Traces of the medieval warlock imbue the Victorian alchemist and magician, the timeless visionary, and the modern inventor. The contemporary incarnation of the warlock is the scientist-engineer, who studies and calculates how to manipulate the natural world to his advantage. His passion and interest in nature’s potential drive his imagination and ambitions. Particularly in the West, he is consumed with a desire to master and control—to discover and take what he wants for his own needs and purposes. Often introverted, isolated (by choice) from socially-centered activities, sometimes a selfish, emotionally-distant loner, the bad boy warlock wanders the world seeking something—or someone—to make sense of life, of his raison d’être. What girl wouldn’t want to be his ultimate answer?
I’ve personally never been able to resist a super smart man. They’re easy to fall in lust with (as I did with SU’s Dr. Rush) because most of modern life is experienced through the mind and the imagination, rather than on some warring battlefield. Frankly, everyday life is much easier to navigate if one’s prospective partner is able to fix broken-down equipment like the clothes dryer, wire and hang oversized ceiling light fixtures to code (that their wives tote home from the local DIY store), manage the family financial investments for a comfortable retirement later, program the new media equipment and computer network, and bring home impressively large professional paychecks. Best of all, peace reigns in a house where arguments end quickly because logic prevails over emotion, except for that one week of the month when he’s wise enough to let me win debates sans reason—another aspect of his being smart. He knows which battles to pick when.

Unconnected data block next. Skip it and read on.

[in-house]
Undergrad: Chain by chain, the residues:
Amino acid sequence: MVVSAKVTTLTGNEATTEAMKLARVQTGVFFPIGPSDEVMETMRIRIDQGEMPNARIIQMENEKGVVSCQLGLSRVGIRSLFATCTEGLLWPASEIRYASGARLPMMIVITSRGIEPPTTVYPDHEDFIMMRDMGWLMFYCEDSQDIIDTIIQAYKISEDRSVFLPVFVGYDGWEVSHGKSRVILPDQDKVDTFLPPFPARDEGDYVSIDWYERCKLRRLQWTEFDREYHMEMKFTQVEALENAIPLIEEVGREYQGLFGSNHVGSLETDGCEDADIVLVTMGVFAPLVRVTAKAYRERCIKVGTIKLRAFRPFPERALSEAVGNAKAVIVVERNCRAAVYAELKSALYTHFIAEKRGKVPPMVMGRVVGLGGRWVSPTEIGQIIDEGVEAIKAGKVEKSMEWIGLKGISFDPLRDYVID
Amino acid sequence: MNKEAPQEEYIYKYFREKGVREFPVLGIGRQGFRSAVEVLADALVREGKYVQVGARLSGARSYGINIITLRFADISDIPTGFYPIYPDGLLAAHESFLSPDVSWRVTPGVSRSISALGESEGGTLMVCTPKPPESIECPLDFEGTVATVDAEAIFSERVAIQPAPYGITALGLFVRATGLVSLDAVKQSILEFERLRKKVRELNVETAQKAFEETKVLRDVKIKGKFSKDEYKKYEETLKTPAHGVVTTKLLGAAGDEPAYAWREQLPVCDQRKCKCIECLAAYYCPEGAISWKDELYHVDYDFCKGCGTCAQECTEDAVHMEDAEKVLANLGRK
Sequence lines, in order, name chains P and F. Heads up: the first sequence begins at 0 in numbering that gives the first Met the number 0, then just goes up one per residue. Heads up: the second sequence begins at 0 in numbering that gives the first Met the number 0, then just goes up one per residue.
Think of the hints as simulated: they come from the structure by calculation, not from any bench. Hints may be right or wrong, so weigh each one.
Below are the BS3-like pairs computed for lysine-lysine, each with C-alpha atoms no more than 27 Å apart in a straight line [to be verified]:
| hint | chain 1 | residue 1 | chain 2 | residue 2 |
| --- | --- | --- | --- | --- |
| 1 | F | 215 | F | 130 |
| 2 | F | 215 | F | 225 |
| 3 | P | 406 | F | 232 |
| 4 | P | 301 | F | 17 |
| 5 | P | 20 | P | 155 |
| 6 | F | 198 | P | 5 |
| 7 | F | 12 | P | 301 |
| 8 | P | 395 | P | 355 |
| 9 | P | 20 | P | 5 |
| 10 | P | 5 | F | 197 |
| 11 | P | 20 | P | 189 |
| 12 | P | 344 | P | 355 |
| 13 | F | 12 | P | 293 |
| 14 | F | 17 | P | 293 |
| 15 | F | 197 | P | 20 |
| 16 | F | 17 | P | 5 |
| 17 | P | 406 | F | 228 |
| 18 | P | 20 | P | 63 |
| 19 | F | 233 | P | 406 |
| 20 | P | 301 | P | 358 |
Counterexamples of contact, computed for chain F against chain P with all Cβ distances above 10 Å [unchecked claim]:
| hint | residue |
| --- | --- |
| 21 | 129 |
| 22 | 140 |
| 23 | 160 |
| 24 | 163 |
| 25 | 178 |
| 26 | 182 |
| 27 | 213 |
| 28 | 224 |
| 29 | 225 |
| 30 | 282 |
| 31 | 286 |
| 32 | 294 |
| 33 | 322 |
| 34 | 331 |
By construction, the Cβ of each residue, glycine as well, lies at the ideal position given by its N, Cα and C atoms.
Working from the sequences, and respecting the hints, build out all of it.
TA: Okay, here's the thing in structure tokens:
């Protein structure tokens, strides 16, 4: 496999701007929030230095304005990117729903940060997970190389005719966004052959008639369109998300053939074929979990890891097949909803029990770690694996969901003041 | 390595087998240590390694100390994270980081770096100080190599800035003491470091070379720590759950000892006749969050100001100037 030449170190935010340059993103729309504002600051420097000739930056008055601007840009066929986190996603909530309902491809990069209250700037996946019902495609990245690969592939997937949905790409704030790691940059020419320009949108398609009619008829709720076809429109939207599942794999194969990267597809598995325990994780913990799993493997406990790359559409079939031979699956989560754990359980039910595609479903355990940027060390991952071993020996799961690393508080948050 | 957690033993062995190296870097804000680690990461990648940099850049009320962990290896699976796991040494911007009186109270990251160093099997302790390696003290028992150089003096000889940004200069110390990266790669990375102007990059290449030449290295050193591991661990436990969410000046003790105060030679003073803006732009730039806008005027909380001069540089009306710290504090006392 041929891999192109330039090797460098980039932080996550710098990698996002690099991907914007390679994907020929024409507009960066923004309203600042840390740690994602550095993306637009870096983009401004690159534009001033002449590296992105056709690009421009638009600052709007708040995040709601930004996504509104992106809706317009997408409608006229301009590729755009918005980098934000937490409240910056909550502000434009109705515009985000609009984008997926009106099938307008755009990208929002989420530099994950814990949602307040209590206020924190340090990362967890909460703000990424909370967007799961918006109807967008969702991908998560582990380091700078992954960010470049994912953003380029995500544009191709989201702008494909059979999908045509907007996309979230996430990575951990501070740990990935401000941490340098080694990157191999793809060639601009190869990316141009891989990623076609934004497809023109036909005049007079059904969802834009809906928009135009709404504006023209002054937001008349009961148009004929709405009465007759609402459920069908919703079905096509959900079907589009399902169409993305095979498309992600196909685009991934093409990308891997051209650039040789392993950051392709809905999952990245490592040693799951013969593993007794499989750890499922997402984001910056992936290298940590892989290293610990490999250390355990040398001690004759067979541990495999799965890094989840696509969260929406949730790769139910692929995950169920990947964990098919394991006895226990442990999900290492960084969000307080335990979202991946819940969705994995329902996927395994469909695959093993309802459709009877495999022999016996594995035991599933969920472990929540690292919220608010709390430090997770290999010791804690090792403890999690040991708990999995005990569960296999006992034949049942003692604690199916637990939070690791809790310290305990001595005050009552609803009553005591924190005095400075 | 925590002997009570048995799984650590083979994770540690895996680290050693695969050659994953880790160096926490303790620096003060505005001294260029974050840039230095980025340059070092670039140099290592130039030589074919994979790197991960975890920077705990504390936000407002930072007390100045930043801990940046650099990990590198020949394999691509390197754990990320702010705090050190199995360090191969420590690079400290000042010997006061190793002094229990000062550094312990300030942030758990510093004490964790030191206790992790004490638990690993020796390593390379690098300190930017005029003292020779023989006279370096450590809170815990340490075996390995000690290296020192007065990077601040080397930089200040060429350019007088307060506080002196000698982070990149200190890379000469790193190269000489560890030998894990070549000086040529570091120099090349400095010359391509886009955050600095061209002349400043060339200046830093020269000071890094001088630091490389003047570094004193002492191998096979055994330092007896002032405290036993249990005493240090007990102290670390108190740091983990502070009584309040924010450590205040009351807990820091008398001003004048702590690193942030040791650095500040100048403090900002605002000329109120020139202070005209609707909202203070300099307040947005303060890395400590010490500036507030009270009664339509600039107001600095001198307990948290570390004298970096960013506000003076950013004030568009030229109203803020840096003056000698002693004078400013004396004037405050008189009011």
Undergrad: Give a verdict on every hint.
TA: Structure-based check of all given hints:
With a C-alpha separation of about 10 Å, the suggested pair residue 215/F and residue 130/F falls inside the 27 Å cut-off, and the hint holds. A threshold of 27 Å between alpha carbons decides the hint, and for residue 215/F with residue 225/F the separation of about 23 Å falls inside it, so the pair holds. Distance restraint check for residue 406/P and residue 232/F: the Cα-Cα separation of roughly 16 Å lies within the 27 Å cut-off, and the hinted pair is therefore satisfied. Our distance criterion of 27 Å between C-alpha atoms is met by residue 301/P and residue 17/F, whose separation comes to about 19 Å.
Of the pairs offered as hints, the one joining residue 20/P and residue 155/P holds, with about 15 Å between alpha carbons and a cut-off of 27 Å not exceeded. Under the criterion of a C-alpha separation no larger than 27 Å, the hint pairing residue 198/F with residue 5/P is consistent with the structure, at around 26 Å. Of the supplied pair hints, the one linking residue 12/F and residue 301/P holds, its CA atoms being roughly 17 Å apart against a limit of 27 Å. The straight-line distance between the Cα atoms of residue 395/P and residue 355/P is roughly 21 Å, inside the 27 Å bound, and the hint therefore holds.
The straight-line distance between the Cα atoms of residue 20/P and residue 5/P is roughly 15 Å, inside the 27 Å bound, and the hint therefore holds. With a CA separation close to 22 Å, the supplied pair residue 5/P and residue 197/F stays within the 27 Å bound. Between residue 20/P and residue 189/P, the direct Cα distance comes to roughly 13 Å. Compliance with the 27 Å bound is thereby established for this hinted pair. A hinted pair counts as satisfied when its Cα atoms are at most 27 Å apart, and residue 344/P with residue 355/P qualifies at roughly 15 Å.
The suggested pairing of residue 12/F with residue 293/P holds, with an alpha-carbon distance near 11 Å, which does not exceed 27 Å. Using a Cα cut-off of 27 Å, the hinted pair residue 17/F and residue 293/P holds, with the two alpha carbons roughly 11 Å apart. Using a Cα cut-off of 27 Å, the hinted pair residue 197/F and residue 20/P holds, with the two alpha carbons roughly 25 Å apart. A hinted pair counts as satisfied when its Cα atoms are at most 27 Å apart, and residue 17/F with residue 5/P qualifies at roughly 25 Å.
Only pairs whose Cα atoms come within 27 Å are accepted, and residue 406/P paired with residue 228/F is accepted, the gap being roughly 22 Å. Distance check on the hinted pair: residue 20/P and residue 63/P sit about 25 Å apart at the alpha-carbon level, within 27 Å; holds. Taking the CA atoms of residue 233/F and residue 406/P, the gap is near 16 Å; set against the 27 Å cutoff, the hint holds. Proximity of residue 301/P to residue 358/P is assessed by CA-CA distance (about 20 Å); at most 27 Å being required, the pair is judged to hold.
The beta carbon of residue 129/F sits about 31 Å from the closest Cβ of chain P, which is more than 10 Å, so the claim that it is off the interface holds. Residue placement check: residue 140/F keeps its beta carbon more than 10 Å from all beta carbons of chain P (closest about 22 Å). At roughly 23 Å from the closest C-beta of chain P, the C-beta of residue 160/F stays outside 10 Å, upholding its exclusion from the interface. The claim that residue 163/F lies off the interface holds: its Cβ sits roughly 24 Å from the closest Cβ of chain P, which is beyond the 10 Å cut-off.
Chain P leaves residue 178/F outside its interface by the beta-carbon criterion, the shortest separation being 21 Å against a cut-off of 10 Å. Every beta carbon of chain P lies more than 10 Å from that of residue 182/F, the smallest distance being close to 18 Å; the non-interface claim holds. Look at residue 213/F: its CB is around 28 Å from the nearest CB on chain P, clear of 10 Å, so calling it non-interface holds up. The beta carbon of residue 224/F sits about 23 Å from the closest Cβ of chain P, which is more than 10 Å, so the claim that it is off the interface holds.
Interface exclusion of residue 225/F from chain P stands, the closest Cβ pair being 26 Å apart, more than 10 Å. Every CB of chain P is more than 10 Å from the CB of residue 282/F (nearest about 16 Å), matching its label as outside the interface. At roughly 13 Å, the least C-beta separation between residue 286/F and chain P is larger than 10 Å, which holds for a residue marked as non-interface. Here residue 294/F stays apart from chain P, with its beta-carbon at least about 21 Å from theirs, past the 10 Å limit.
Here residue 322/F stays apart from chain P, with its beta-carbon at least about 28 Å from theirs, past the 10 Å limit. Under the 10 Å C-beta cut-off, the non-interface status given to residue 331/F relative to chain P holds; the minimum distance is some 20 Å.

In contemporary romance fiction, where heroes are often portrayed as six-foot-tall fighting machines, with multi-packed abs, truck-wide shoulders and the ability to eagle-eye sniper kill an enemy from a mile away after swimming hours in the pitch-black night, it might seem a stretch to propose that a 5’9” leanly-sculpted actor with a spare frame like Carlyle’s is damned sexy. Until one considers his characters’ vast intellects and the way they wield and whip their electrical dendrites and synapses across those immodestly large lobes to outsmart and outperform hunkier guys with more brawn than brain. It can be more tense and exciting than watching a wild West gun fight at noon.
We have to keep in mind something especially important as well: his over-sized imagination alone is bound to make midnight interludes in bed magically memorable.
*Selene Grace Silver’s debut paranormal series concerns a family of witches and warlocks. Watch for the upcoming release of her first novel, The Binding of Adara. The first chapter is available to readers at selenegracesilver.com.
About the Author
Selene Grace Silver is a woman writer who traces her appreciation for powerful and protective men to having been born and raised in the harsh winters of the upper Midwest where the only thing as hearty as a man’s physical strength is his woman’s spirit, intellect and home-cooking. Therefore, give her a stoic, bowlegged cowboy, a fierce Scottish warrior, or an ambitious, multinational CEO any day over the modern metro-sexual. These classic male archetypes make life more interesting (even a little challenging). If life hasn’t provide you with a real one, Selene’s fiction will deliver (and without the dirty socks on the floor to pick up after).
Selene’s contemporary releases include: